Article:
Population growth rate: 0.09% (2002 est.)
Birth rate: 13.82 births/1,000 population (2002 est.)
Death rate: 12.64 deaths/1,000 population (2002 est.)
Net migration rate: -0.28 migrant(s)/1,000 population (2002 est.)
Sex ratio: at birth: 1.05 male(s)/female under 15 years: 1.04 male(s)/female 15-64 years: 0.92 male(s)/female 65 years and over: 0.59 male(s)/ female total population: 0.91 male(s)/ female (2002 est.)
Infant mortality rate: 42.16 deaths/1,000 live births (2002 est.) Life expectancy at birth: total population: 64.74 years female: 69.31 years (2002 est.) male: 60.39 years
Total fertility rate: 1.71 children born/woman (2002 est.) HIV/AIDS - adult prevalence rate: 0.2% (1999 est.) HIV/AIDS - people living with HIV/ 4,500 (1999 est.)
HIV/AIDS - deaths: less than 100 (1999 est.)
Nationality: noun: Moldovan(s) adjective: Moldovan
Ethnic groups: Moldovan/Romanian 64.5%, Ukrainian 13.8%, Russian 13%, Jewish 1.5%, Bulgarian 2%, Gagauz and other 5.2% (1989 est.) note: internal disputes with ethnic Slavs in the Transnistrian region
Religions: Eastern Orthodox 98.5%, Jewish 1.5%, Baptist (only about 1,000 members) (1991)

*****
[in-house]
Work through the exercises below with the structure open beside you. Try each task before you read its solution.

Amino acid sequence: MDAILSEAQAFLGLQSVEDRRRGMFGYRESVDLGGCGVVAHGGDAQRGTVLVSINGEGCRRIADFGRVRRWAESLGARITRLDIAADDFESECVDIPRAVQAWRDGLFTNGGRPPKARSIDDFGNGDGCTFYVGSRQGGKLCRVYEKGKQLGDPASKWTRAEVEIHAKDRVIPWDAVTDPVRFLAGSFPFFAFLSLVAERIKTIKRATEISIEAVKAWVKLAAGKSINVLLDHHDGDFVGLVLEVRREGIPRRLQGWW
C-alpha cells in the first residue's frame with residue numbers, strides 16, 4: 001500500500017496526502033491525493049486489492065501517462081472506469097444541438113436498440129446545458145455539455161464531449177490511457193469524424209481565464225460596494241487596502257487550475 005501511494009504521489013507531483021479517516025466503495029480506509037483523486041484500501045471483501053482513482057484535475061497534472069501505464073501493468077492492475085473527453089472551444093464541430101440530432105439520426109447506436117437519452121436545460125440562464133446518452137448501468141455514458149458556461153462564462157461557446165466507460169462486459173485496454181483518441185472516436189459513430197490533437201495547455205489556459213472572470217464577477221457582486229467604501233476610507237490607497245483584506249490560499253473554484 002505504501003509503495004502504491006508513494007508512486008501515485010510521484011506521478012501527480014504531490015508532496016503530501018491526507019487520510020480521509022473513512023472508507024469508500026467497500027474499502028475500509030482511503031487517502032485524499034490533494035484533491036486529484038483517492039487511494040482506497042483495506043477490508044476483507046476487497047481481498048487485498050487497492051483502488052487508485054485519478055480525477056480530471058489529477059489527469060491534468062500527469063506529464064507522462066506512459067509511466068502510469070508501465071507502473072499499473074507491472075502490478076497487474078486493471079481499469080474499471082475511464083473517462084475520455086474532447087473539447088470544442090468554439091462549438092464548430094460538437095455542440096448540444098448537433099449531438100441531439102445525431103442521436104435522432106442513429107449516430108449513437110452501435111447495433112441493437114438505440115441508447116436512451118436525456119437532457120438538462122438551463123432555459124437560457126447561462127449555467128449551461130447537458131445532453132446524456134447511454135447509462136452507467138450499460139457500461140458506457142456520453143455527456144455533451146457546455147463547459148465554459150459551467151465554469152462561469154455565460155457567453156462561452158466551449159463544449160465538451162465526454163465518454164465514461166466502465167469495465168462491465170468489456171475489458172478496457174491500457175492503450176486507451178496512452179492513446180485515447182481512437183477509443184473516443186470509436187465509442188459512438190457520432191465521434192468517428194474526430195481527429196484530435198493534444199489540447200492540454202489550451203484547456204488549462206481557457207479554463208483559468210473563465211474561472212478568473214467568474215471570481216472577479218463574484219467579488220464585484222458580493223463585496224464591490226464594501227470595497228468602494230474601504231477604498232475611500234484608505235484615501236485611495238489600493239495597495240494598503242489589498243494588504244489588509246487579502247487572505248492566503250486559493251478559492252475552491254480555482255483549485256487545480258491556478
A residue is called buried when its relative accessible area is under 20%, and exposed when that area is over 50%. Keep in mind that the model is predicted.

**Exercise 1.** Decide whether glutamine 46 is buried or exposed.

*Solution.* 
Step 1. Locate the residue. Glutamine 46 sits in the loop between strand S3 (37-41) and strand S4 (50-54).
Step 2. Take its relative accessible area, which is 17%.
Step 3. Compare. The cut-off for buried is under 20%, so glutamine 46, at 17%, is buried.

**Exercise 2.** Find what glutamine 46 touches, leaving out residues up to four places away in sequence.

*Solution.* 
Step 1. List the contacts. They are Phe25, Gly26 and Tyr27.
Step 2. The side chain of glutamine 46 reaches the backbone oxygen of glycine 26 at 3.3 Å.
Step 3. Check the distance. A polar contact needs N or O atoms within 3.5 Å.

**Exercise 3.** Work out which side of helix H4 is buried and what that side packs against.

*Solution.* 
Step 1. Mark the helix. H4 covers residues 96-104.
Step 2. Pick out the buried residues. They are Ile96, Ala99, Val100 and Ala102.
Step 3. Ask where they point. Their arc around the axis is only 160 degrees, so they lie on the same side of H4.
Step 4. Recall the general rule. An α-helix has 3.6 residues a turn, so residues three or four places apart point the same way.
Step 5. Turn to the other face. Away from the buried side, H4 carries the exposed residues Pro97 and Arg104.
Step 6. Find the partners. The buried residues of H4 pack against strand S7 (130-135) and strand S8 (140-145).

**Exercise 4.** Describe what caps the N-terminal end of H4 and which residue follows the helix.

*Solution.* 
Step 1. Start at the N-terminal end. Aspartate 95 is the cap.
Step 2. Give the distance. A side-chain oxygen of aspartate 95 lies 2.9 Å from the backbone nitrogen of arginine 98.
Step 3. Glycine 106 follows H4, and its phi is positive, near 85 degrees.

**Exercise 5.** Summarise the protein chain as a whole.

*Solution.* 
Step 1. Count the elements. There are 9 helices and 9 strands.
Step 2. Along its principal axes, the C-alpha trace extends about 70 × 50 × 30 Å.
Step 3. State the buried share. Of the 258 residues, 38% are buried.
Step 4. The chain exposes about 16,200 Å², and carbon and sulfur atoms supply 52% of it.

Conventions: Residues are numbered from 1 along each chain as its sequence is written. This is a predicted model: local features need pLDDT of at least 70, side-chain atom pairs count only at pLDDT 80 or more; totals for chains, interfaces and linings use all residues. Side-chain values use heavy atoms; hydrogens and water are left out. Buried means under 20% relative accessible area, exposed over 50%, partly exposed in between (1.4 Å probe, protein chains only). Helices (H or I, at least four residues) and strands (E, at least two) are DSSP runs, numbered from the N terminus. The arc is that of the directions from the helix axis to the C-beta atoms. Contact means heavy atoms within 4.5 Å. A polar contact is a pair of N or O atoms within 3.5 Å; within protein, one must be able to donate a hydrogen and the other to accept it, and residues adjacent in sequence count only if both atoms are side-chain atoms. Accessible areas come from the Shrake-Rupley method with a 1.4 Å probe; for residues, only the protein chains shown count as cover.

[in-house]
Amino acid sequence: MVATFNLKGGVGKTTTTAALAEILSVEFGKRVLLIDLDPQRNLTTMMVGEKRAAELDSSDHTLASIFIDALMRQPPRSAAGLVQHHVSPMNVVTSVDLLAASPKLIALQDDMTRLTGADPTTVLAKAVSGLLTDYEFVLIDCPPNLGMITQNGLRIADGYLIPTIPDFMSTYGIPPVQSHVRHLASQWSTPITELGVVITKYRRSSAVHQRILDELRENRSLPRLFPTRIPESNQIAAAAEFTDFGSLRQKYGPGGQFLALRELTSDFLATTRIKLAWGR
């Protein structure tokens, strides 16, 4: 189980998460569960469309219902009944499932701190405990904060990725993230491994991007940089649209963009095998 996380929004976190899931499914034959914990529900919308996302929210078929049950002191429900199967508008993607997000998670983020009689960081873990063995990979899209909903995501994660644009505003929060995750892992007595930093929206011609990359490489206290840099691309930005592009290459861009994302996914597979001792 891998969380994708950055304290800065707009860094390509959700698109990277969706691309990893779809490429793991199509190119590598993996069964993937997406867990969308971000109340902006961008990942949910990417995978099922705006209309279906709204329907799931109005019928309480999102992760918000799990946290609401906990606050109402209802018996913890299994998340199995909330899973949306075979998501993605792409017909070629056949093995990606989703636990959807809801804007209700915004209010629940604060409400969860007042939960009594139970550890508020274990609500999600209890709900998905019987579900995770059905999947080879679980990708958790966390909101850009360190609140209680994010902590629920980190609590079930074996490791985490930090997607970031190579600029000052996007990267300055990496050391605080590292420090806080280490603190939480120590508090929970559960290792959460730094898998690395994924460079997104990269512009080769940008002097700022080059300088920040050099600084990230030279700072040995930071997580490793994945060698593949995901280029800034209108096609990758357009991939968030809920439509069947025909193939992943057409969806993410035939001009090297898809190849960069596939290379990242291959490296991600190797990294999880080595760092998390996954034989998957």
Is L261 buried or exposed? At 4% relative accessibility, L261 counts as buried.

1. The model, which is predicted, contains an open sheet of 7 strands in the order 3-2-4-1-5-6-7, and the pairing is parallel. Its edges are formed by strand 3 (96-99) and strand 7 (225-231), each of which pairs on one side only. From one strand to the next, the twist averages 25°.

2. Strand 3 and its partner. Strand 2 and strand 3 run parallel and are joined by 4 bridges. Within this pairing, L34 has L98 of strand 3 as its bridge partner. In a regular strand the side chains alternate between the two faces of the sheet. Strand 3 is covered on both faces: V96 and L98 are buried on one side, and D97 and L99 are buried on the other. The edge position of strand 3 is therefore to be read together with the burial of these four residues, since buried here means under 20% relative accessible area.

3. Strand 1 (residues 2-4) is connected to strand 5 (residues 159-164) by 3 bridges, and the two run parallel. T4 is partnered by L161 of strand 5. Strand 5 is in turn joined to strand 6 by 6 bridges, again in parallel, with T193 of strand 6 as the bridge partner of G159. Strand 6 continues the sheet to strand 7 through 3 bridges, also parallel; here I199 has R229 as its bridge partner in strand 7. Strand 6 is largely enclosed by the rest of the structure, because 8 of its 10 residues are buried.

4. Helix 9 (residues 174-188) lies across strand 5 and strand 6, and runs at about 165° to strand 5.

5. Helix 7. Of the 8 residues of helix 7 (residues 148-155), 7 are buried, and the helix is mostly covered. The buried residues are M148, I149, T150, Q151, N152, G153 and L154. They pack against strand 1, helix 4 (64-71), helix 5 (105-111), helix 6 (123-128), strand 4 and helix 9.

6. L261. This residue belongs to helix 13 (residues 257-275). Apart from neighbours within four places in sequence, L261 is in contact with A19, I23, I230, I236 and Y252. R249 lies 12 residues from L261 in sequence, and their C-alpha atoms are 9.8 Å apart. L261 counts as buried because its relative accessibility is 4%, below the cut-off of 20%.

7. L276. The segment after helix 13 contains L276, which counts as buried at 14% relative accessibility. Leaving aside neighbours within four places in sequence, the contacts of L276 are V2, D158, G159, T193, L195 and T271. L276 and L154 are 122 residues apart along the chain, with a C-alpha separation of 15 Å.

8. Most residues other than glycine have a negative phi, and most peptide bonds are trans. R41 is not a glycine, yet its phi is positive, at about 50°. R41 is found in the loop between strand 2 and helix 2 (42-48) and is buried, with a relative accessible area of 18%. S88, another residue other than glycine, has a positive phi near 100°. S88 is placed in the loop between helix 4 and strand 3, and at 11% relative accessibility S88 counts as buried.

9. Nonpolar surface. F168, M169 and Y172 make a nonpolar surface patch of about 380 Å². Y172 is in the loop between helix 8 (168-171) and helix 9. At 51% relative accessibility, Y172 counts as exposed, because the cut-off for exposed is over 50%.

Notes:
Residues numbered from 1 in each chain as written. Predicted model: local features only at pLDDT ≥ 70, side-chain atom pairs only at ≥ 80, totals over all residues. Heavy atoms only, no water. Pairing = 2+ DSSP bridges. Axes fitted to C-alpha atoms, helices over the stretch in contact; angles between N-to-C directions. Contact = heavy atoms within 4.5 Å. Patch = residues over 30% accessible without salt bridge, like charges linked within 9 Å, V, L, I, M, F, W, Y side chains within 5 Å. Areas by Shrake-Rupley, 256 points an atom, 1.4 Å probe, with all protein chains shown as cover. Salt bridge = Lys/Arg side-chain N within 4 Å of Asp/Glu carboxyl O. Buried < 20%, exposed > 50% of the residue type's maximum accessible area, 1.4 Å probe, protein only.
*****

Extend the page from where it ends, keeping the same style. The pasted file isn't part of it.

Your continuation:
Languages: Moldovan (official, virtually the same as the Romanian language), Russian (official), Gagauz (a Turkish dialect)
Literacy: definition: age 15 and over can read and write total population: 96% male: 99% female: 94% (1989 est.) Government Moldova
Country name: conventional long form: Republic of Moldova conventional short form: Moldova local short form: none former: Soviet Socialist Republic of Moldova; Moldavia local long form: Republica Moldova
Government type: republic
Capital: Chisinau Administrative divisions: 9 counties (juletule, singular - juletul), 1 municipality* (municipiul), 1 autonomous territorial unit** (unitate teritoriala autonoma), and 1 territorial unit*** (unitate teritoriala); Balti, Cahul, Chisinau, Chisinau*, Edinet, Gagauzia**, Lapusna, Orhei, Soroca, Stinga Nistrului***, Tighina, Ungheni
Independence: 27 August 1991 (from Soviet Union)
National holiday: Independence Day, 27 August (1991)
Constitution: new constitution adopted 28 July 1994; replaces old Soviet constitution of 1979